Dr Andrew Bateman, Chair of the United Kingdom Acquired Brain Injury Forum (UKABIF), welcomed delegates to the organisation’s 10th Annual and 20th Anniversary Conference, held this month at the Royal Society of Medicine in London. The conference programme reflected the issues outlined in the recently published report by the All-Party Parliamentary Group (APPG) on Acquired Brain injury (ABI) entitled ‘Acquired Brain Injury and Neurorehabilitation: Time for Change’.
The development and future of specialised neurorehabilitation was discussed by Colonel Alan Mistlin, Chair of the Clinical Reference Group for Rehabilitation and Disability. Neurorehabilitation is crucial in order to maximise recovery after ABI. It is one of the most cost-effective interventions available to the National Health Service and reduces acute hospital stay, provides functional independence and facilitates a return to work. However, there are large variations in provision and access to services and a lack of neurorehabilitation personnel. “The current services are probably not what we would set up now, but there’s lots of work in progress” concluded Alan.
The updated Rehabilitation Prescription (RP) was discussed by Hannah Farrell, University Hospitals Birmingham NHS Foundation Trust. The RP documents comprehensively the rehabilitation needs of the individual with ABI and identifies how those needs should be addressed longer term. The RP should be given to the patient on discharge and a copy sent to their General Practitioner to facilitate ongoing rehabilitation. Hannah said “The RP is not just a tick box exercise to generate money. It should be used for every patient with rehabilitation needs and a copy sent to their GP; this is a major challenge going forwards”.
Chris Bryant MP and Chair of the APPG on ABI focused on the ongoing lobbying campaign surrounding the issues and recommendations set out in its report. “I’m dedicated to this cause because ABI is a hidden epidemic. I’ve campaigned so hard because it impacts on so many government departments”. Chris summarised the report which outlines the critical role of neurorehabilitation in the ABI care pathway, and the need for RPs for all brain injury survivors following discharge from acute care so they know what neurorehabilitation they need. The report reviews the implications for children and young people with ABI when most of their neurorehabilitation takes place in the education system. The high incidence of ABI amongst offenders is discussed, as is the impact of neurorehabilitation on behavioural change and reoffending. The current issues in sport-related concussion are outlined as well as the need for an improved welfare system that is easily accessible. The report summarises the key issues and makes a number of crucial recommendations. Chris said that the APPG is determined to unite government departments and drive change for brain injury survivors.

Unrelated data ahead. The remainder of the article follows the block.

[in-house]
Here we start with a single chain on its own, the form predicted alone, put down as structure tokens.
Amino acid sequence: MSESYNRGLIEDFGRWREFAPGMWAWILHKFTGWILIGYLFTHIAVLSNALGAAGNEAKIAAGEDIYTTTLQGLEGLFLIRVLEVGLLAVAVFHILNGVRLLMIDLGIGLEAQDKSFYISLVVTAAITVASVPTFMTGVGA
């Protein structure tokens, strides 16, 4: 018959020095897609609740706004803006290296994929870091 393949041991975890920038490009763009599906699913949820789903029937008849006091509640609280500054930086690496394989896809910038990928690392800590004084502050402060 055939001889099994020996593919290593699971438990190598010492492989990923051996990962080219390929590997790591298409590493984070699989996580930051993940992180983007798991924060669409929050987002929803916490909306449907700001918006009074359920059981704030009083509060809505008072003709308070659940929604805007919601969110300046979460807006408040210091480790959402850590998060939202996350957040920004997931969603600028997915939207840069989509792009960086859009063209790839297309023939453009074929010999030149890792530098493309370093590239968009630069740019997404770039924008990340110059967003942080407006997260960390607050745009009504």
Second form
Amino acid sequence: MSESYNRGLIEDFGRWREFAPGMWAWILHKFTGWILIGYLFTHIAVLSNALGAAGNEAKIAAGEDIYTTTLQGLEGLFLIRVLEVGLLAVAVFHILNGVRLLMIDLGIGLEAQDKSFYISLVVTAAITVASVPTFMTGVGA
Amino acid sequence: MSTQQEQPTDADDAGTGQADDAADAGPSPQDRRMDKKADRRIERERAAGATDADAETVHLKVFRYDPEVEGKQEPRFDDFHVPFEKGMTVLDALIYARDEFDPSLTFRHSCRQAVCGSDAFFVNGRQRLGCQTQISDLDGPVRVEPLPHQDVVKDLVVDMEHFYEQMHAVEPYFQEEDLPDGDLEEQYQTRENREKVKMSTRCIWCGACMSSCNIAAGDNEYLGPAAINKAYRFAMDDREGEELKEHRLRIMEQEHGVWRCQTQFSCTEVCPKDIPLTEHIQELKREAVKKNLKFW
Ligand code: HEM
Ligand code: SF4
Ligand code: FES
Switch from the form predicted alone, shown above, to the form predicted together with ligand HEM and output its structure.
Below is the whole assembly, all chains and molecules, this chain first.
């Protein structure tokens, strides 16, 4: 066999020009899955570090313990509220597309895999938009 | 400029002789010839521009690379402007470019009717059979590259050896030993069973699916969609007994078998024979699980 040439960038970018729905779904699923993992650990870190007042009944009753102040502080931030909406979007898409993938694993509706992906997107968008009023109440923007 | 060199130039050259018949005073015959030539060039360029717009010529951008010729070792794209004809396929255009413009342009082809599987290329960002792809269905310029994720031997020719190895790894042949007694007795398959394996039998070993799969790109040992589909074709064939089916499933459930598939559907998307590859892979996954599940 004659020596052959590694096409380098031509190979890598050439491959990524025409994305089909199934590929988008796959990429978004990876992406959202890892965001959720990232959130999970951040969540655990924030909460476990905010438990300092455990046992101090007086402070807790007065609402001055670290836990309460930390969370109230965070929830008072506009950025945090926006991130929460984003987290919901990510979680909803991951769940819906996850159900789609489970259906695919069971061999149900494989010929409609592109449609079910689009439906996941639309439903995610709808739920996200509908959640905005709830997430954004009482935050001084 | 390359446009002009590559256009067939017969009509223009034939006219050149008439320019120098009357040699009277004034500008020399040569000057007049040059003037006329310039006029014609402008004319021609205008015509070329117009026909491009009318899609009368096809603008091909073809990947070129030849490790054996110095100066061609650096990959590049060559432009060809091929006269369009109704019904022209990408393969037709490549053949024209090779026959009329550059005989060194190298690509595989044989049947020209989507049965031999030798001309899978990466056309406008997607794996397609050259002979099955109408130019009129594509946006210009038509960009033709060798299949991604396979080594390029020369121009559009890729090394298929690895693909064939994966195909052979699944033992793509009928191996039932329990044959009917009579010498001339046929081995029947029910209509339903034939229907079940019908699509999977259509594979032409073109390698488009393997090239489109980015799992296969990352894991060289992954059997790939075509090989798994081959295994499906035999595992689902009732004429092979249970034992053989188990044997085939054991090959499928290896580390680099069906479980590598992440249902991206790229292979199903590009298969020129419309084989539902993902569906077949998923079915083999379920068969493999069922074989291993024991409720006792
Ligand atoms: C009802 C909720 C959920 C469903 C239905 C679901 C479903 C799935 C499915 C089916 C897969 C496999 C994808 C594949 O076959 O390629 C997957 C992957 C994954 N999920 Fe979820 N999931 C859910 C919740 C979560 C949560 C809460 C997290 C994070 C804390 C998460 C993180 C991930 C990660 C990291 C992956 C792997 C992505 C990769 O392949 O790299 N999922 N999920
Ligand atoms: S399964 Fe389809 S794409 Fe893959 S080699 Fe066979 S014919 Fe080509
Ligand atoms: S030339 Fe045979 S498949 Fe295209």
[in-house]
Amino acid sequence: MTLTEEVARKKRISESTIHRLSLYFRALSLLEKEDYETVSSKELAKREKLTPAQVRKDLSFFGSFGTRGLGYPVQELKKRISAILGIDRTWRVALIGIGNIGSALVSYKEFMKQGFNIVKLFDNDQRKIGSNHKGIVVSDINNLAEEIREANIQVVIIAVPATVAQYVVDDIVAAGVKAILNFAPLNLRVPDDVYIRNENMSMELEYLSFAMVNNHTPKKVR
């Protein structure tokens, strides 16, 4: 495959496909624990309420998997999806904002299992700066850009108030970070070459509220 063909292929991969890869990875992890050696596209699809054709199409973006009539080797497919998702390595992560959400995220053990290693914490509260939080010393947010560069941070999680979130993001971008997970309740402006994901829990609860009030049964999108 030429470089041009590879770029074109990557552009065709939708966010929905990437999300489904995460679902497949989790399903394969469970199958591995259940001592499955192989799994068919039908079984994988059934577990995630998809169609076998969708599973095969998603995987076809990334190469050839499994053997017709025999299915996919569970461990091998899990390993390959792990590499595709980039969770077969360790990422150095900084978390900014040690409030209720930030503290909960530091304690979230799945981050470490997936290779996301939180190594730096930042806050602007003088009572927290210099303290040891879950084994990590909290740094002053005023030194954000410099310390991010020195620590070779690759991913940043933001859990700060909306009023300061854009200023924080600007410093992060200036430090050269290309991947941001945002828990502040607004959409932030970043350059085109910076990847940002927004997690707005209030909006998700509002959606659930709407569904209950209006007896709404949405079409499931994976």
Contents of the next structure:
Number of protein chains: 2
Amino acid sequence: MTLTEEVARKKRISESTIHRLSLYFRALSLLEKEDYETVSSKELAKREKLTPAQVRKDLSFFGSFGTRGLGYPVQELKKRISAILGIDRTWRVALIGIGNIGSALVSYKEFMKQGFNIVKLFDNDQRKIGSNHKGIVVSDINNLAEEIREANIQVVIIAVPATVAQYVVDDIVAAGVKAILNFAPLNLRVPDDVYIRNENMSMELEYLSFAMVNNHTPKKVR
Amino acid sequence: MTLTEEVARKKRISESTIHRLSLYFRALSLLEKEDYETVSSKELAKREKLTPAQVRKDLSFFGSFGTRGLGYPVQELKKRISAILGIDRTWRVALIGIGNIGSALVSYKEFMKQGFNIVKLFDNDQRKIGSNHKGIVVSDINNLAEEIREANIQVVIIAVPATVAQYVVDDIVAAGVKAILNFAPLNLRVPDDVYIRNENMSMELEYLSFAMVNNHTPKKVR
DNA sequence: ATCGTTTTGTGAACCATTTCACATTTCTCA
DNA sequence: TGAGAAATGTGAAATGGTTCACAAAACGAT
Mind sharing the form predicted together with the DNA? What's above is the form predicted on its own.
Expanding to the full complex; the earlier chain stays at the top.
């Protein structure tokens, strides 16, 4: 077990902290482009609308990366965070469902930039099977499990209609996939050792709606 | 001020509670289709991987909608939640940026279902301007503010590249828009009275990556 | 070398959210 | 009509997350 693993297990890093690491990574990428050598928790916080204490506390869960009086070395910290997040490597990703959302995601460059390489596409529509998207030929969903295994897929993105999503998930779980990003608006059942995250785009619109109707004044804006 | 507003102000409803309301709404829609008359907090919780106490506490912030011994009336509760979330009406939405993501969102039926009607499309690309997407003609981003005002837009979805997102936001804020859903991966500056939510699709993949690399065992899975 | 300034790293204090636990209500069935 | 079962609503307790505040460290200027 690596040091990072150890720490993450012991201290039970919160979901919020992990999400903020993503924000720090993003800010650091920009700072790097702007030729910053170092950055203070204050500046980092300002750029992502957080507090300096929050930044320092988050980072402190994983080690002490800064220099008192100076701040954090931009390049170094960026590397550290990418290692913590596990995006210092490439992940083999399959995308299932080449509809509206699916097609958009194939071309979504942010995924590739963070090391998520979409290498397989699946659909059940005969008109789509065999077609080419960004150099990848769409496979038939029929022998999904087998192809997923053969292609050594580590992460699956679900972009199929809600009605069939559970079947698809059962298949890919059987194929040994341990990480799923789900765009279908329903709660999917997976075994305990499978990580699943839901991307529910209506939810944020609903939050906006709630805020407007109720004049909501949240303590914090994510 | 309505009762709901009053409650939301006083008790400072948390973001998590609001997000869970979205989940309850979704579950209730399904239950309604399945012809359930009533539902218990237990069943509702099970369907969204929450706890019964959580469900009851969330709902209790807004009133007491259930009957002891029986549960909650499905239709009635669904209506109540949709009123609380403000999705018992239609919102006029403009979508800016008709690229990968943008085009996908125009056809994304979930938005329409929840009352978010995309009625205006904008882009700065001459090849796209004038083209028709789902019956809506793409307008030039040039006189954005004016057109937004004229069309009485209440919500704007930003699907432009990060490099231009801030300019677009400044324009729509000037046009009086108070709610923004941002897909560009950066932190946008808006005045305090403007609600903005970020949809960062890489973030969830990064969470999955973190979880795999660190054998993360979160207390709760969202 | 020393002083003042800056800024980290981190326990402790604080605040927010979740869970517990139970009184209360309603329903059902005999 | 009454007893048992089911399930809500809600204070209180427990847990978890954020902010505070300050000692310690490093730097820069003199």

Brain injury can make offending behaviour more likely. Being an ‘offending type’ can make having a brain injury more likely, and a brain injury can make people far more prone to the effects of alcohol which also increases their probability to offend. The prevalence of ABI in the offender population is significantly higher than in the general population. There is clear evidence of the different causality of brain injury between men and women in prison, with the females being at greater risk of repeated brain injury from domestic abuse. Dr Ivan Pitman, Brain Injury Rehabilitation Trust (BIRT) discussed the findings from BIRT’s Brain Injury Linkworker service in a women’s prison which is based on a stepped care model and focuses on identifying brain injury and implementing interventions to support the offender.
With regard to children and young people with an ABI, Professor Nathan Hughes, University of Sheffield said “Recognising brain injury is key to being able to provide the right support in schools, to prevent disengagement, exclusion and possible offending behaviour”. Nathan discussed the issues surrounding the recognition and response to ABI and the discriminatory criminal justice processes. He emphasised the need to change systems and processes to ensure these young people obtain the appropriate and timely support, and ultimately prevent their propensity to go on to offend.
“The cornerstone of disability law is that the employer has a duty to make reasonable adjustments for the employee” said Emma Satyamurti, Leigh Day looking at the challenges of returning to work following a brain injury. Emma reviewed examples of ‘reasonable adjustment’ including a change of tasks, location, working hours and different approaches to managing absence and performance behaviour.
Dawn Astle concluded the formal conference programme by telling the story of her father, Jeff Astle, the footballer nicknamed ‘the King’ by fans, who won five caps for England. Jeff was the first British professional footballer to die from chronic traumatic encephalopathy (CTE), aged just 59 years. The impact of sport-related concussion on late dementia, CTE and other chronic neurological conditions is uncertain and further research is needed. The Jeff Astle Foundation was established in 2015 to raise awareness of brain injury and to provide support to those affected.
Various awards were announced at the conference. The winners of the UKABIF Film Award 2018 were Kathryn Cann for the County Durham and Darlington NHS Foundation Trust, Lauren Nicholas for the Royal Hospital for Neuro-disability, Anne Johnston and Jeremiah Humphreys-Piercy. The UKABIF Stephen McAleese Award for Inspiration went to Verity Fisher at the National Star College in Cheltenham.
UKABIF thanked conference sponsors Cygnet Health Care, Elysium, Irwin Mitchell solicitors, Leigh Day and Sintons Law, the many companies that exhibited and the excellent poster presentations.